The report comes amid heightened attention to school security following the February mass shooting at a high school in Parkland, Florida. The shooting, which left 17 people dead, has led to protests and school walkouts around the country. It has also sparked discussions about policy responses to prevent school shootings, including proposals to let teachers carry firearms.
While the presence of sworn officers at secondary schools has become more common over the past decade, many schools report that these officers were only present at specific times rather than throughout the entire school day, according to the report (data are for the 2015-16 school year, the most recent available). Secondary schools include middle and high schools, as well as combined schools.
Less than half (46%) of secondary schools with sworn law enforcement officers present at least once a week had officers present for all instructional hours every day; larger shares of schools said officers were present when students were arriving or leaving (88%) or at selected school activities (87%), such as science fairs or athletic events.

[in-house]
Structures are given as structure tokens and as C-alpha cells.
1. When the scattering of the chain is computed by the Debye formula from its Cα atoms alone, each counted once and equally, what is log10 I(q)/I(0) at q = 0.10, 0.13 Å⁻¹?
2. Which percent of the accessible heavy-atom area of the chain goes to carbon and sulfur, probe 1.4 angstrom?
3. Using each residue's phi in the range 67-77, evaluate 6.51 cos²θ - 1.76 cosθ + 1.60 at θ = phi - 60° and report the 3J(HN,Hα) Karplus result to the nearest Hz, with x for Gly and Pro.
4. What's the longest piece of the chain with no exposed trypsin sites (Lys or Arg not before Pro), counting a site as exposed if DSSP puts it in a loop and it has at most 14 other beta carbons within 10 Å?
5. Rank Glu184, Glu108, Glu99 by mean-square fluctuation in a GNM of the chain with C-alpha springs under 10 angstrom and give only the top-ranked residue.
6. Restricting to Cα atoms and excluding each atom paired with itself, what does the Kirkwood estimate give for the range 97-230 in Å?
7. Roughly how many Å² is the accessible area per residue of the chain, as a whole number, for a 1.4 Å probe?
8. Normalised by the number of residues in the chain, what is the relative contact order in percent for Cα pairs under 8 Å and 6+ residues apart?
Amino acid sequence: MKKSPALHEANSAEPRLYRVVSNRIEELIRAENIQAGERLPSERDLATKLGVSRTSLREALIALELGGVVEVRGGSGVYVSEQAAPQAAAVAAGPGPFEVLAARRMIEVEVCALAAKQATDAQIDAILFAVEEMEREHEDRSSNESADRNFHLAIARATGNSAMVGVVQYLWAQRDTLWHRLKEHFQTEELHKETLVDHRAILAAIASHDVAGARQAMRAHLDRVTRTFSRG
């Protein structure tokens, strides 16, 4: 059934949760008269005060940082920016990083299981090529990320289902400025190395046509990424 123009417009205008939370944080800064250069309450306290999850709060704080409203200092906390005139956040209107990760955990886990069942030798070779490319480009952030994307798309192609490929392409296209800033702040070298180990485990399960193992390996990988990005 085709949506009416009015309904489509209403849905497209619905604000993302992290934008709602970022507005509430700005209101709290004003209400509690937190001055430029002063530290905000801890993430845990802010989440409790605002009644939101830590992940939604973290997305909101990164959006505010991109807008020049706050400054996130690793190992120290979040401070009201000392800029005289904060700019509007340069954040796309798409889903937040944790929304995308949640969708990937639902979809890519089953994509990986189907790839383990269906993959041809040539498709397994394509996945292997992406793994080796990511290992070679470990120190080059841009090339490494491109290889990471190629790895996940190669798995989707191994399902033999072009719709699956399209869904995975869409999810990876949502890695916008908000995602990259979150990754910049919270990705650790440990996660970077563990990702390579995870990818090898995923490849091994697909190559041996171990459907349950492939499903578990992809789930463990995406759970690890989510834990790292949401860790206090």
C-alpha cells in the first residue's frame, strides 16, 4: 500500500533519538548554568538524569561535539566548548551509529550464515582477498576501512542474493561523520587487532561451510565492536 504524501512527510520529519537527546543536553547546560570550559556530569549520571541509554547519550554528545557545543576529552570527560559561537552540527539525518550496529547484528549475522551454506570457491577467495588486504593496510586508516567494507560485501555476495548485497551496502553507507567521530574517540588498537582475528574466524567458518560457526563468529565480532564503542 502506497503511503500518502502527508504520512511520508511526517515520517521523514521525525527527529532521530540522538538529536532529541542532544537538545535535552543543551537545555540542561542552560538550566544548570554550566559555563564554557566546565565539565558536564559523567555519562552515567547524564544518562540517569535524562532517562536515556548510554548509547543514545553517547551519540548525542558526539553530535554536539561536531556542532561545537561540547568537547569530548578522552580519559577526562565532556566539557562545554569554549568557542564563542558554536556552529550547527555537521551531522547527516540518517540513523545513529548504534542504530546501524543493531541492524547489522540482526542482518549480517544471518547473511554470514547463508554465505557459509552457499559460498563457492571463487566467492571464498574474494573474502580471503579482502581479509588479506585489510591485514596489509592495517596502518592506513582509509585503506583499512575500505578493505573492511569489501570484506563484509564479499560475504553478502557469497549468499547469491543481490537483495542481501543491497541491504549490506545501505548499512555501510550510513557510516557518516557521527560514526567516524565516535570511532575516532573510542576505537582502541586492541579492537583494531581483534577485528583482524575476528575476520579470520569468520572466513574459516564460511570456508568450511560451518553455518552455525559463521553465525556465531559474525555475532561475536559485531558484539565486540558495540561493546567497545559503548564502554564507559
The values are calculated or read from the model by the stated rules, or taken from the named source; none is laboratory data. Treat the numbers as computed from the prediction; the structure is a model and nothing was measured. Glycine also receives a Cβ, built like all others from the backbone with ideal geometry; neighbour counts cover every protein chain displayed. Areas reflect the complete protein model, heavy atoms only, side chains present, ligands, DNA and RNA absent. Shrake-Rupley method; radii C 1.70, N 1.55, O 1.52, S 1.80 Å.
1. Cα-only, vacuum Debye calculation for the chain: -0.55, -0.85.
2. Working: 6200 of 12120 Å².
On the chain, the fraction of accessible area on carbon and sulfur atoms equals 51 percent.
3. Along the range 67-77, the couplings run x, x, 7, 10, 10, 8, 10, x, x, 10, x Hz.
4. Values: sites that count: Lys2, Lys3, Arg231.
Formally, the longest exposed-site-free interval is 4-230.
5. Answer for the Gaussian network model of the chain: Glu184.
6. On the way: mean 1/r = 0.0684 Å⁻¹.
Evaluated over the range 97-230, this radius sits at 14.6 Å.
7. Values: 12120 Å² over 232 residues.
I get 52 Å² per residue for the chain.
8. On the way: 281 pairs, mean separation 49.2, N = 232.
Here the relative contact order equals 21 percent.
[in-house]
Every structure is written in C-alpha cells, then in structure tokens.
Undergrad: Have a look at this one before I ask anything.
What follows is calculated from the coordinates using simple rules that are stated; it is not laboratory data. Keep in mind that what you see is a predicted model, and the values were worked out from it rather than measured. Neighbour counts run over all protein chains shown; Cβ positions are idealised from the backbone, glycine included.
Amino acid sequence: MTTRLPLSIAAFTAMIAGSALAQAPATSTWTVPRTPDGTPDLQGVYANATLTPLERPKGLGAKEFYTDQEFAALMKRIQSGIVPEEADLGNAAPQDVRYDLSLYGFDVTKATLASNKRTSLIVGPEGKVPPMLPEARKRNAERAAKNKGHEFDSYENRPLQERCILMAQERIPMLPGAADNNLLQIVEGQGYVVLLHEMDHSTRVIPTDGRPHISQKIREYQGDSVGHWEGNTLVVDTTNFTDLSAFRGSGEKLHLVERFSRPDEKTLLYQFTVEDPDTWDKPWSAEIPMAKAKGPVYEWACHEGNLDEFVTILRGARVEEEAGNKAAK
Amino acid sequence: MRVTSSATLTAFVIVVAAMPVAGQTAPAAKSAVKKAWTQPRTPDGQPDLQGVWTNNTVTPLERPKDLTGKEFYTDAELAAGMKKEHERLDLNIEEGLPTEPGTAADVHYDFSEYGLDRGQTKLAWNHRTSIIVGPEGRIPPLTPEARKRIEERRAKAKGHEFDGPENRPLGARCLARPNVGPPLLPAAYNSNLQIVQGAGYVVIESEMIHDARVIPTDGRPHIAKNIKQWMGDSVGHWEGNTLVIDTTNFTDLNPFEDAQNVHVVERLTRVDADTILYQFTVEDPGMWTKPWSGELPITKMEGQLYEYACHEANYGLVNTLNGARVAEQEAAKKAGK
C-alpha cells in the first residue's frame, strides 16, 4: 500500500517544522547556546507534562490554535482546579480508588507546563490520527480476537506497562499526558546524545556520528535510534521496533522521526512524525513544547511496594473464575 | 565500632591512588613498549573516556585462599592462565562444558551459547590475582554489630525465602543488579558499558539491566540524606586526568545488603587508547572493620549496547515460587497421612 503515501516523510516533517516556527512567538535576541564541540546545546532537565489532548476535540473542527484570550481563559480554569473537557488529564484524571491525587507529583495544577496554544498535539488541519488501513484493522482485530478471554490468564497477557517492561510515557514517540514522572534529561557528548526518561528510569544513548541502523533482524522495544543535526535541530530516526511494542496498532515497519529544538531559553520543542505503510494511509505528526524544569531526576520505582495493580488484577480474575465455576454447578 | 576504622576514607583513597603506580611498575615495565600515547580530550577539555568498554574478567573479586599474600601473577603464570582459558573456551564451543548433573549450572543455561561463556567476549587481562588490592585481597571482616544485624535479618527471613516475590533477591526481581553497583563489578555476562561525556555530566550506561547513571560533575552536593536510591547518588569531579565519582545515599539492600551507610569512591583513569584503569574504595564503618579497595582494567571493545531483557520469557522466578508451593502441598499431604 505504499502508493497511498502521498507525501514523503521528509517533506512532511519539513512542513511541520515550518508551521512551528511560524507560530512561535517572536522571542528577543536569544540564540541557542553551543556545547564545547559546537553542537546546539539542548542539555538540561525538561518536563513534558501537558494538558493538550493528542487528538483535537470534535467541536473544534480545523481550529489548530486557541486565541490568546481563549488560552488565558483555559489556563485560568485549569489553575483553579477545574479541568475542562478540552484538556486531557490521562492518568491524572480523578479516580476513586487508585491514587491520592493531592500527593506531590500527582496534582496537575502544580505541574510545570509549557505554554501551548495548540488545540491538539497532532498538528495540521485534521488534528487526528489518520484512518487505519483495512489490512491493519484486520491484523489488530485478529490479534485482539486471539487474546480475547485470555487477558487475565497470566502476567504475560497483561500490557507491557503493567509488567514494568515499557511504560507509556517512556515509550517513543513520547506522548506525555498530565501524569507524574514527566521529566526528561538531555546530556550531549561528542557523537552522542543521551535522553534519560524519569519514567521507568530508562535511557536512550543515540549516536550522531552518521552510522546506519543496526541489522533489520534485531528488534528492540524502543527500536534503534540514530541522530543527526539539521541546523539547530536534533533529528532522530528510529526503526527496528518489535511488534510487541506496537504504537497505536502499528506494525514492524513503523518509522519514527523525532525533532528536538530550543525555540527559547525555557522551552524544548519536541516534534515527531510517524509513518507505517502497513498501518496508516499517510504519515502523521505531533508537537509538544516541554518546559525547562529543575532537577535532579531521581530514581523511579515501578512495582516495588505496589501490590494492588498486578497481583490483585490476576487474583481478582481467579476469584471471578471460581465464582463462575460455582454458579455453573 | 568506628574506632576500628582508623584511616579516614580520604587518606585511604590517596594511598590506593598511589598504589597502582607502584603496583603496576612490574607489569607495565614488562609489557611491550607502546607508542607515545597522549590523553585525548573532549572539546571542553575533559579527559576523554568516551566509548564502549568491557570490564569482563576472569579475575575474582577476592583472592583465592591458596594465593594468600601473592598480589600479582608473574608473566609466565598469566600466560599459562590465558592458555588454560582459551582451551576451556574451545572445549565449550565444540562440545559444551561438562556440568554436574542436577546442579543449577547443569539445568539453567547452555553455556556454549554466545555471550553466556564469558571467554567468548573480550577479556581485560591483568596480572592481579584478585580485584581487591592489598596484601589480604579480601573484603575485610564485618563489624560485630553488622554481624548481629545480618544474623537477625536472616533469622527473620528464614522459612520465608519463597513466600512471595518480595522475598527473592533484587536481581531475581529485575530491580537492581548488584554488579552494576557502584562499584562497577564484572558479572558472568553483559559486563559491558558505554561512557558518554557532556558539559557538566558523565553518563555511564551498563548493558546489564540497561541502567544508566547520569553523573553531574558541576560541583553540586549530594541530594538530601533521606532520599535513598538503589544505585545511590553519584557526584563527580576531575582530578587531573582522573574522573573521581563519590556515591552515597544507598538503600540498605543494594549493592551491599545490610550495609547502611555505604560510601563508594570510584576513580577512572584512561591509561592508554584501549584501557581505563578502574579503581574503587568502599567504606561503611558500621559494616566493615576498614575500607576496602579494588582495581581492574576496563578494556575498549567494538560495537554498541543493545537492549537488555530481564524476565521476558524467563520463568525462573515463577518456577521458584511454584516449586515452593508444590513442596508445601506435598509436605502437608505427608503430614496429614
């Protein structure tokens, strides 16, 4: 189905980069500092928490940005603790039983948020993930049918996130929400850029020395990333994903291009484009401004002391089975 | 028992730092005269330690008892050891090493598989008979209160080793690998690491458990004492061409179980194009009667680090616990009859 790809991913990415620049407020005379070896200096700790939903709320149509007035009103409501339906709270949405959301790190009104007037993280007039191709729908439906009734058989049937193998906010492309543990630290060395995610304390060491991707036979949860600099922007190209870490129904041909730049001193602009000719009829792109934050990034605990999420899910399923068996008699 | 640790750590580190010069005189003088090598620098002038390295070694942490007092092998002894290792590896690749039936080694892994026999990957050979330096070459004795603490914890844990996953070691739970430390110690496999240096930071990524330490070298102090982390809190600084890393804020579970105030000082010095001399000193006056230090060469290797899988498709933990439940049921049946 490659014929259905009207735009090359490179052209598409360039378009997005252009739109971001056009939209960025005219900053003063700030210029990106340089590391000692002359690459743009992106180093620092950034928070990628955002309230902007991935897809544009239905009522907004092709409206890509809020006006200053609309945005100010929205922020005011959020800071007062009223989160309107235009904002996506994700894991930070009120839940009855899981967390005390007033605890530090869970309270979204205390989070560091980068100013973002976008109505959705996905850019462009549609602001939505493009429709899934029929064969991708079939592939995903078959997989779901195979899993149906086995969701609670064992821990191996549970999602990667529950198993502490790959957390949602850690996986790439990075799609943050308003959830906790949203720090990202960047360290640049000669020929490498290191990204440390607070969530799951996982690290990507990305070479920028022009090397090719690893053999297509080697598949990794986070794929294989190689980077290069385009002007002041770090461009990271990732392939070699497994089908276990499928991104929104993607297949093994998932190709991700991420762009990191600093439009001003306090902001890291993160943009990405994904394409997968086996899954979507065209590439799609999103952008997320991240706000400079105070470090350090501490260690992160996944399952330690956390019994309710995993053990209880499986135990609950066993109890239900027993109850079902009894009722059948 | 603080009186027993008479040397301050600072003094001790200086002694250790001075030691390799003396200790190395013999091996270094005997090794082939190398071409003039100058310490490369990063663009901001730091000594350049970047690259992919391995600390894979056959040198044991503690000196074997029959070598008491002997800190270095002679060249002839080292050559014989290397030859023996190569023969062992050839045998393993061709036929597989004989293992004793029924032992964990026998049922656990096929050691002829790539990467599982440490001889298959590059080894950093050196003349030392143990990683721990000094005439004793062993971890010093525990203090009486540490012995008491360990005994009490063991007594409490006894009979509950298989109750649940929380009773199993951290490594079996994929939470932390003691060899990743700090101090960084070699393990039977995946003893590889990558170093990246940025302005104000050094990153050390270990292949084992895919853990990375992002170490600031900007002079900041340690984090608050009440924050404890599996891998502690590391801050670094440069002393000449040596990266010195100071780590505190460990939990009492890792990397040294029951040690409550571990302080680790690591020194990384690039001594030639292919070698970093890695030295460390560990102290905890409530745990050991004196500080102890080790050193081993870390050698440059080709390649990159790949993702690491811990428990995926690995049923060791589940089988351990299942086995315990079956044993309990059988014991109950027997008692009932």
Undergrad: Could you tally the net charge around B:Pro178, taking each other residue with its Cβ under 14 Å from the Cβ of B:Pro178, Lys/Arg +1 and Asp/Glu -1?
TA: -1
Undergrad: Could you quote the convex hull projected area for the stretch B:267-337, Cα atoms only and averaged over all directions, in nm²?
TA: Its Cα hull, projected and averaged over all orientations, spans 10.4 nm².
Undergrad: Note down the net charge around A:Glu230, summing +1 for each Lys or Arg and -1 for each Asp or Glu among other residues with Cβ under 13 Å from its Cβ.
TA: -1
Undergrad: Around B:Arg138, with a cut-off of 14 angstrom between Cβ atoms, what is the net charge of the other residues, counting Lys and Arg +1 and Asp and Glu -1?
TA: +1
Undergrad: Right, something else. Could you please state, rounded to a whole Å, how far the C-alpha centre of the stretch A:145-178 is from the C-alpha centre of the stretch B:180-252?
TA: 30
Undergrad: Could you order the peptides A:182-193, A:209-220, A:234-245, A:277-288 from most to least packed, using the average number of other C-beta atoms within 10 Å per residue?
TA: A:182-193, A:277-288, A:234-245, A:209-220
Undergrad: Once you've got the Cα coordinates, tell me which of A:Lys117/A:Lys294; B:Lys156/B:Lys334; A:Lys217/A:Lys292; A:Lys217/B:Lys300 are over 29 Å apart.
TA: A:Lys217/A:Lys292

Despite the advances women have made in the workplace, they still account for a small share of top leadership jobs. That’s true in the fields of politics and government, academia, the nonprofit sector – and particularly business.
Women held only about 10% of the top executive positions (defined as chief executive officers, chief financial officers and the next three highest paid executives) at U.S. companies in 2016-17, according to a Pew Research Center analysis of federal securities filings by all companies in the benchmark Standard & Poor’s Composite 1500 stock index. And at the very top of the corporate ladder, just 5.1% of chief executives of S&P 1500 companies were women.
Nor do many women hold executive positions just below the CEO in the corporate hierarchy in terms of pay and position. Only 651 (11.5%) of the nearly 5,700 executives in this category, which includes such positions as chief operating officer (COO) and chief financial officer (CFO), were women. Although this group in general constitutes a significant pool of potential future CEO candidates, the women officers we identified tended to be in positions such as finance or legal that, previous research suggests, are less likely to lead to the CEO’s chair than other, more operations-focused roles.
Within the 11 broad economic sectors into which the 1500 companies are divided, in no case did women make up even a fifth of CEOs or non-CEO top executives. Nor do those levels appear likely to rise much anytime soon. A 2017 survey of corporate human-resource heads at large U.S. companies found that women made up only 10% of the short-term CEO candidate pool (i.e., people who’d be considered for promotion to CEO within the next three years). Looking out further, three to five years in the future, raised the share of women in the CEO candidate pool only to 15%.